I’ve been having a lot of fun over the last couple of weeks with deck-builder, Vault of the Void. Developed by Josh Bruce of Spider Nest Games as a hobby project, it’s been in early access since 2020 and is set for a full release later this year. But with the end of the year fast approaching, it seems unlikely that we’ll see large-scale changes to the game (which already seems very nicely polished and optimised) making now as good a time as any to buy into it.
At this point, fans of the genre have a good number of titles to enjoy, with pioneers such as Slay the Spire and Monster Train being joined more recently by similarly rewarding titles like Roguebook and Trials of Fire. The issue for developers late to the deck-building party is that these games are endlessly replayable, meaning new entrants have to bring something new to the genre to be able to find an audience and pull players away from established favourites.
This is something Vault of the Void seems acutely aware of, an impression it gives from as early as the menu screens. Tooltips on the character selection screens spell out the concepts that underpin each, and how they need to be played differently to each other (and to other games that have come before them). The initial tutorials highlight the key differences to other games in the genre in a way that I haven’t seen spelled out anywhere else. Even the game’s page on Woovit highlights ‘Key features & differences‘ when describing itself.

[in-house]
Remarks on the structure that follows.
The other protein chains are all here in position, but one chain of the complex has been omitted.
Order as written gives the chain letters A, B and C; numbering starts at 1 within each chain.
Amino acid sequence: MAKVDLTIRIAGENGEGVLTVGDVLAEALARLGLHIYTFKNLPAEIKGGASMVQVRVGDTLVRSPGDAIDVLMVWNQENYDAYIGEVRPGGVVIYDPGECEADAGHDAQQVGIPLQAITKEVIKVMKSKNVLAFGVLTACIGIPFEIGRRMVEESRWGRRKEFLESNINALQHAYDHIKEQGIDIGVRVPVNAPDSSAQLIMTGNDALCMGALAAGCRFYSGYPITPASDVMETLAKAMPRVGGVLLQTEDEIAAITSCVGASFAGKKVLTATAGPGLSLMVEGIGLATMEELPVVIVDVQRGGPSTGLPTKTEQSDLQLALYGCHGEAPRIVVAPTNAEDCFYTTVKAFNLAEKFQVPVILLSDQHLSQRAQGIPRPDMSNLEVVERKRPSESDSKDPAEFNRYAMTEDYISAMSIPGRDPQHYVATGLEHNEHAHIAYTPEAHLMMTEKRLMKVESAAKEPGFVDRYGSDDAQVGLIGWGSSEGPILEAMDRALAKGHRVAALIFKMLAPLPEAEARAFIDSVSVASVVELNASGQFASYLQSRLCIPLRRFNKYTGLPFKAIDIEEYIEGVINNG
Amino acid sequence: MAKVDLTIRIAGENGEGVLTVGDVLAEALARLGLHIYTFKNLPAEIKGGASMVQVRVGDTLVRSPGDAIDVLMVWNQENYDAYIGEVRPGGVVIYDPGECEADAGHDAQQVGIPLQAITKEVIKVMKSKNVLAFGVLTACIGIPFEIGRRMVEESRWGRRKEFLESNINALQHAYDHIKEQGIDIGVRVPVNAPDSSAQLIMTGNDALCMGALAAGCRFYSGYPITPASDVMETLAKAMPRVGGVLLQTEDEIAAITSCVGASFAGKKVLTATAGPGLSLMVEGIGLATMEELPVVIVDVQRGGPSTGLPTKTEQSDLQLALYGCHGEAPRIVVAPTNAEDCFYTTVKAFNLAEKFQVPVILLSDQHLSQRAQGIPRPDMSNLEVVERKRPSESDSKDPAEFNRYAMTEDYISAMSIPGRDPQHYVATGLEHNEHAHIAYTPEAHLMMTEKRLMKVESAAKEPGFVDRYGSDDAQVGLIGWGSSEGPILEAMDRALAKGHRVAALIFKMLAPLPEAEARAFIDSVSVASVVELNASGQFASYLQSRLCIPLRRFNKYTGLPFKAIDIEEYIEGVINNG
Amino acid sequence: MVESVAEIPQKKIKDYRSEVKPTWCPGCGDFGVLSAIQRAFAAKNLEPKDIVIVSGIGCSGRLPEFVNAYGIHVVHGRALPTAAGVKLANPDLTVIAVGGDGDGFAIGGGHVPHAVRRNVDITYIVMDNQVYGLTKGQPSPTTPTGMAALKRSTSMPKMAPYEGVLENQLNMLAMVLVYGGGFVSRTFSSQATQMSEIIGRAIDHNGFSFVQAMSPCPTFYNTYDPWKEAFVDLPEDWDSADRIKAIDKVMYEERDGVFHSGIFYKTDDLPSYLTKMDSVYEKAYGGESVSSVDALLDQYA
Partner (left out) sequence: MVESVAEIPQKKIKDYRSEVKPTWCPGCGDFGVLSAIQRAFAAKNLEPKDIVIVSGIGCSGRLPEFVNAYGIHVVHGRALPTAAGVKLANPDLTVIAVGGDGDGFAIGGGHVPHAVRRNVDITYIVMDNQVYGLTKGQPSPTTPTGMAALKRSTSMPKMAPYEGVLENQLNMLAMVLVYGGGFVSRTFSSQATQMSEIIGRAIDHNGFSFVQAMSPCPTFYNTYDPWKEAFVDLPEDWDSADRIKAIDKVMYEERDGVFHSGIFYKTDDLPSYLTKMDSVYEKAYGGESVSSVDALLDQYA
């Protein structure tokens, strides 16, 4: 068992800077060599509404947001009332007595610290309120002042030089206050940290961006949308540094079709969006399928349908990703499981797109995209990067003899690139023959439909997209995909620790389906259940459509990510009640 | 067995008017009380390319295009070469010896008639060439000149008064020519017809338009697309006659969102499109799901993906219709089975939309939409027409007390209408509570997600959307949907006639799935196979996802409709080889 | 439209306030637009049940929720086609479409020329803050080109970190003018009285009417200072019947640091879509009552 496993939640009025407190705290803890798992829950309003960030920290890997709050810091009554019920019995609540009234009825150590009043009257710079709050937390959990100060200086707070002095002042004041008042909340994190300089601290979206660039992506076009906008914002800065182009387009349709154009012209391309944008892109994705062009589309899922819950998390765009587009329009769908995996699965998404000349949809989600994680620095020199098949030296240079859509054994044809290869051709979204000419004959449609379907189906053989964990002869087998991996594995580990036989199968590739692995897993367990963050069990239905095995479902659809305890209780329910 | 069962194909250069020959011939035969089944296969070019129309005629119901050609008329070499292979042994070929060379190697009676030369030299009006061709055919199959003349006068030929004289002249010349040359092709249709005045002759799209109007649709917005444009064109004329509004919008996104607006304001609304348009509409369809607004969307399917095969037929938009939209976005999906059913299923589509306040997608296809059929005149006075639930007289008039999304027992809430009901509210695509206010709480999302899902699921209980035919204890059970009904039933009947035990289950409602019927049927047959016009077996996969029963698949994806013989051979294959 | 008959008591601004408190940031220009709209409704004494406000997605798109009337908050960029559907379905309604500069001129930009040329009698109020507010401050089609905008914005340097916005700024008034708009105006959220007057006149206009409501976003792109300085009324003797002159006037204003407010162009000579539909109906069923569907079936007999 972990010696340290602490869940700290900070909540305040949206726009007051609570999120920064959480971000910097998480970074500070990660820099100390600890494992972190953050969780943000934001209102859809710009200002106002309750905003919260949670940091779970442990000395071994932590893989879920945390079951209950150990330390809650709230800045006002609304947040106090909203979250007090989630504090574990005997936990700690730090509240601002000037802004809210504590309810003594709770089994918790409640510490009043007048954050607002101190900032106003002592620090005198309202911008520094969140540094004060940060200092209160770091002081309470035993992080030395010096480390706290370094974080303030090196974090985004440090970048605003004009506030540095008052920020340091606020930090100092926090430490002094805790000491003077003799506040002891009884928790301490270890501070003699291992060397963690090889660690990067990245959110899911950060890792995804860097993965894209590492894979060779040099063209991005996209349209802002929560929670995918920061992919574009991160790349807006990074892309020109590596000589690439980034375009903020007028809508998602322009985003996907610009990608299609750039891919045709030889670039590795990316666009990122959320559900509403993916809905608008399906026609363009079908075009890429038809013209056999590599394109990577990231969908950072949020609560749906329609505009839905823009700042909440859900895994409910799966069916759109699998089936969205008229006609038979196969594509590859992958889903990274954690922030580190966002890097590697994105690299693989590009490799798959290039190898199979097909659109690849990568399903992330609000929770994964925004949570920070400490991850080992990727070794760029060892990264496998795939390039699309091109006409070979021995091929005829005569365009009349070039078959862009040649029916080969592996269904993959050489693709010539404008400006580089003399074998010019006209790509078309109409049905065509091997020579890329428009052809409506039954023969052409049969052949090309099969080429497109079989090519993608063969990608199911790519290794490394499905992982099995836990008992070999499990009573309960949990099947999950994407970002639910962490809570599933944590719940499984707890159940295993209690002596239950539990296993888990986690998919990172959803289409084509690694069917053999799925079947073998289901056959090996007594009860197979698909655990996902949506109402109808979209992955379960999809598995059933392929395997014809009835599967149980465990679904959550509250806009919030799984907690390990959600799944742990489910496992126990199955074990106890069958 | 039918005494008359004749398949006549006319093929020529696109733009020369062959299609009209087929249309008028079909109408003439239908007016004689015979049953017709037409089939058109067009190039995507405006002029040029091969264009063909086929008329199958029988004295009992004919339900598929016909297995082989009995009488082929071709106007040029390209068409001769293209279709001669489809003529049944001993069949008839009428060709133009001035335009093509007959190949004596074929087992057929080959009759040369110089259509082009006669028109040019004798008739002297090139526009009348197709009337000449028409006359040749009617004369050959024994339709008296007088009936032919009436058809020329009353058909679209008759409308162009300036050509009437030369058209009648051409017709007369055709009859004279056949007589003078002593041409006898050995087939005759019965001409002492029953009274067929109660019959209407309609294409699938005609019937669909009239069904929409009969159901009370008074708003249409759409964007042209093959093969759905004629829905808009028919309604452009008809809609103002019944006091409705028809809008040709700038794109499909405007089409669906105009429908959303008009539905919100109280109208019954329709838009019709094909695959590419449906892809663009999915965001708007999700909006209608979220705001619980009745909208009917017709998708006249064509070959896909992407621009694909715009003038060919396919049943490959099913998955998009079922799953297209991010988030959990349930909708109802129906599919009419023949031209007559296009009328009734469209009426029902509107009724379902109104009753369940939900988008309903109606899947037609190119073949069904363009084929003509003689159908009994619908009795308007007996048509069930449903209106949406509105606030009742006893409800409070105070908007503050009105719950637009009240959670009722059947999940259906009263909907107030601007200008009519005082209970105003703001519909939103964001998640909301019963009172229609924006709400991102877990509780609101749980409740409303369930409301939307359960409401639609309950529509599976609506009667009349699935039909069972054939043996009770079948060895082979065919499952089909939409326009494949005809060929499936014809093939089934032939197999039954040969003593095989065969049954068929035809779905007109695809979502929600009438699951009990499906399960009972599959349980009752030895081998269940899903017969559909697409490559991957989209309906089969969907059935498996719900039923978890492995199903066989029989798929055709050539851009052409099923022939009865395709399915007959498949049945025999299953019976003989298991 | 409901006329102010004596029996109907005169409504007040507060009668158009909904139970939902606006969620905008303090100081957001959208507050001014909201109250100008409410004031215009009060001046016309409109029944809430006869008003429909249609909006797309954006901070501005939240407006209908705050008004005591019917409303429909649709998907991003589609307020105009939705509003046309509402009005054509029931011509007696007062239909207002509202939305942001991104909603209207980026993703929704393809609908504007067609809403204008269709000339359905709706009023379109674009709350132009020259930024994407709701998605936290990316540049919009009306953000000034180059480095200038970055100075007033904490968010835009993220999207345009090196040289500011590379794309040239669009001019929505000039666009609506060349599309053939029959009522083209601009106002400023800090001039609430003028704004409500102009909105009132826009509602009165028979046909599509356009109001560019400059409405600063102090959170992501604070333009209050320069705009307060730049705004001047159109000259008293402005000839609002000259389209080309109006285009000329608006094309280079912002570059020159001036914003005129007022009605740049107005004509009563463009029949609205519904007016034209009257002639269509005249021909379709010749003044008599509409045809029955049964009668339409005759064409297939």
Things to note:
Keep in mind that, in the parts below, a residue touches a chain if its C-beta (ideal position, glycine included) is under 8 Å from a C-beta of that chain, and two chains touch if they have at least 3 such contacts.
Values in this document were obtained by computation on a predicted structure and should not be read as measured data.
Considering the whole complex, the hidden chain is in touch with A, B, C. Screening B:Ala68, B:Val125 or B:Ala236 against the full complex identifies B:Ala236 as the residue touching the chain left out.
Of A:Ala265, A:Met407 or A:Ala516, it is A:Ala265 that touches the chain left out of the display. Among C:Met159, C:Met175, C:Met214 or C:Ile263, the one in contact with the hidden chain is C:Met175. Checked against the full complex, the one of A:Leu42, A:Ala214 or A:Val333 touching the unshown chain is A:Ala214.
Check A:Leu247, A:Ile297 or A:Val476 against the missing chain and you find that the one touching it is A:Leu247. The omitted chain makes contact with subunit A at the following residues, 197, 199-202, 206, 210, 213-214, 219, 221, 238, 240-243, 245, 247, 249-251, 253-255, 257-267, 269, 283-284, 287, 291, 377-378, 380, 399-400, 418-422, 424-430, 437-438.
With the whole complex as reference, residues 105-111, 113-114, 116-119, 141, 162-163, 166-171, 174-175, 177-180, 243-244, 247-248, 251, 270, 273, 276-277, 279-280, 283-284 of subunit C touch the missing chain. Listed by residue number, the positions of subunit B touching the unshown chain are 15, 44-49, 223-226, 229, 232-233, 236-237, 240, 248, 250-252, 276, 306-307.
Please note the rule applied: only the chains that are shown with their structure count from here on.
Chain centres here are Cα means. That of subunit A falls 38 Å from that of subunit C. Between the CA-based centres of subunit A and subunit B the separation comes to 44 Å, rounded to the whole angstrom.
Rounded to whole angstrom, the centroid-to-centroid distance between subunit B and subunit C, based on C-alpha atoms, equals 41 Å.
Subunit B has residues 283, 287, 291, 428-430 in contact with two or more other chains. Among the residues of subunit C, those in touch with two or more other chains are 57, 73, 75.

The biggest thematic difference is the game’s approach to randomisation and player control:
This manifests in so many different ways:
- Card rewards are known to the player at the start of the floor. From this, players can plan exactly which cards to pick up from those available – making use of a helpful planner tool to make sure nothing is missed.
- Cards can be swapped in and out of a backpack before fights, and once the enemy about to be face is revealed. This allows the player to set up for a fight with an optimal deck for that enemy.
- The end of floor boss is always revealed at the start of the map (not an uncommon feature of a deck-builder, but useful none-the-less).
- Void stones (things that you can attach to cards to give them an added benefit) are predictable, with the player knowing which they’ll get next and, thanks to a progress bar, roughly when.
- Cards can be mastered at the end of a run, allowing them to be added to the starting deck in future runs.
- Purging (discarding/burning) cards from your hand in a fight gives energy and energy persists between turns. Unused cards also persist allowing the player to set up the perfect combo of things to play later on.
- Players have spells they can call upon on any turn in a fight (on cooldown) giving even greater control.
- At the end of a run, before facing the Void, the player has to face 2 Vault Guardians. These can be chosen, and you can inspect their move set before starting allowing the hardest fights (or fights that aren’t compatible with your character or preferred deck) to be avoided.